Plan an evacuation
Don’t be afraid to talk about it. ‘Shubh shubh bolo’ may not be the mantra anymore. You must use your sensible imagination to think about what might happen and how you would deal with it. Talk to your kids about it. Explain. Map out a communication plan, a meeting place or a contact route.
Did you know that in case of a disaster, your chances of connecting with an STD number are better than a local number as the local lines are more likely to be jammed due to high volume, or out of service. So designate an emergency contact in a different state, a parent or relative, whom you can all call to coordinate.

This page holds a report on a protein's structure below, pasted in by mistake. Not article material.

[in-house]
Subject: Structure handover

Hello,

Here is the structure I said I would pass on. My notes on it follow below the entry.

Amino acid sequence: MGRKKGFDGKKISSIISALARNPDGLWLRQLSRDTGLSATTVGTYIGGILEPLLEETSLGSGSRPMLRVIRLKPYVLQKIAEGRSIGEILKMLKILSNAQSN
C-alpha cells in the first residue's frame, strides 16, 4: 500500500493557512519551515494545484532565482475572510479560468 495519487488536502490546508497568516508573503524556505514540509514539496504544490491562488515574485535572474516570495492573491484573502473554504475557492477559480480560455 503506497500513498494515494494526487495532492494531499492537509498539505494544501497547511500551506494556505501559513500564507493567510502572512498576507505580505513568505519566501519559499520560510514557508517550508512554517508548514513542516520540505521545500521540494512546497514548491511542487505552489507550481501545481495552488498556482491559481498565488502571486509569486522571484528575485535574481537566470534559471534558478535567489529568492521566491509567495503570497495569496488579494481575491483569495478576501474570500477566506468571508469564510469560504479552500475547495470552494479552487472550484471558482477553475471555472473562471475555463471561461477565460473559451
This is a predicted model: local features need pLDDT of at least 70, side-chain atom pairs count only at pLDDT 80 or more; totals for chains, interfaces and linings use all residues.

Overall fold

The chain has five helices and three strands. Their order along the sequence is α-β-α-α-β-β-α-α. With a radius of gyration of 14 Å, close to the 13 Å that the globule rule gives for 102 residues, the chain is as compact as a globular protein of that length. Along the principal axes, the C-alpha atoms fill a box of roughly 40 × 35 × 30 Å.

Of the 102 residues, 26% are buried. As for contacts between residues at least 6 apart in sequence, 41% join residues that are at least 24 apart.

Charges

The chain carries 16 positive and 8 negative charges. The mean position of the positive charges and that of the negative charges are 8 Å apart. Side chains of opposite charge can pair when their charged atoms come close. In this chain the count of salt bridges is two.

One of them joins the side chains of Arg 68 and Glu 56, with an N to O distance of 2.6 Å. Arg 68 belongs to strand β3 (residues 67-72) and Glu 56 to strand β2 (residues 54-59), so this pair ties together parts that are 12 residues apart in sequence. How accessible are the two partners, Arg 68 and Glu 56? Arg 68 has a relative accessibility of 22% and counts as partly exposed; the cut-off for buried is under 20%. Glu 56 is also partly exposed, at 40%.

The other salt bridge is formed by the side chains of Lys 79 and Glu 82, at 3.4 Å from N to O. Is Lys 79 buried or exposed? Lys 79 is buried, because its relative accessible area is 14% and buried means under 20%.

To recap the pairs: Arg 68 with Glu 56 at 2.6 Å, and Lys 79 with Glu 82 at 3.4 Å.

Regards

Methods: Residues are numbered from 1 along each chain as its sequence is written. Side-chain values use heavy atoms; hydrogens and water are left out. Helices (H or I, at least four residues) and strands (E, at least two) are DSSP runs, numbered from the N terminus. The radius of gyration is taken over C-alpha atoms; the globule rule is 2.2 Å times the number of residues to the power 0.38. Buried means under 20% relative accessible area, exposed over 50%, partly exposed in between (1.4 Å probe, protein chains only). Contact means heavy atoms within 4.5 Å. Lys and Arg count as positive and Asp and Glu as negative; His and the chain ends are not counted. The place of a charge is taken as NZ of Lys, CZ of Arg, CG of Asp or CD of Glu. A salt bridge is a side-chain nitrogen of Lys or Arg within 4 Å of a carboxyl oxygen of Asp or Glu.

Do you have a place to hide?
Remember the first piece of advice we have all given and been given at some point or the other, about what to do in an earthquake? Yes, that one. Duck under a strong, sturdy piece of furniture. A hardwood table or strong bed. Well, now think about it. How hard is your hardwood table? If you have one that is. Most of our coffee tables and dining tables are glass these days, study table if any, may be wood, but really, I’m not so confident about them being strong enough. Lightweight and portable are the new buzzwords remember?
And bed? Oh well, not an inch under them to duck under. Most of us have those box beds that serve as excellent storage.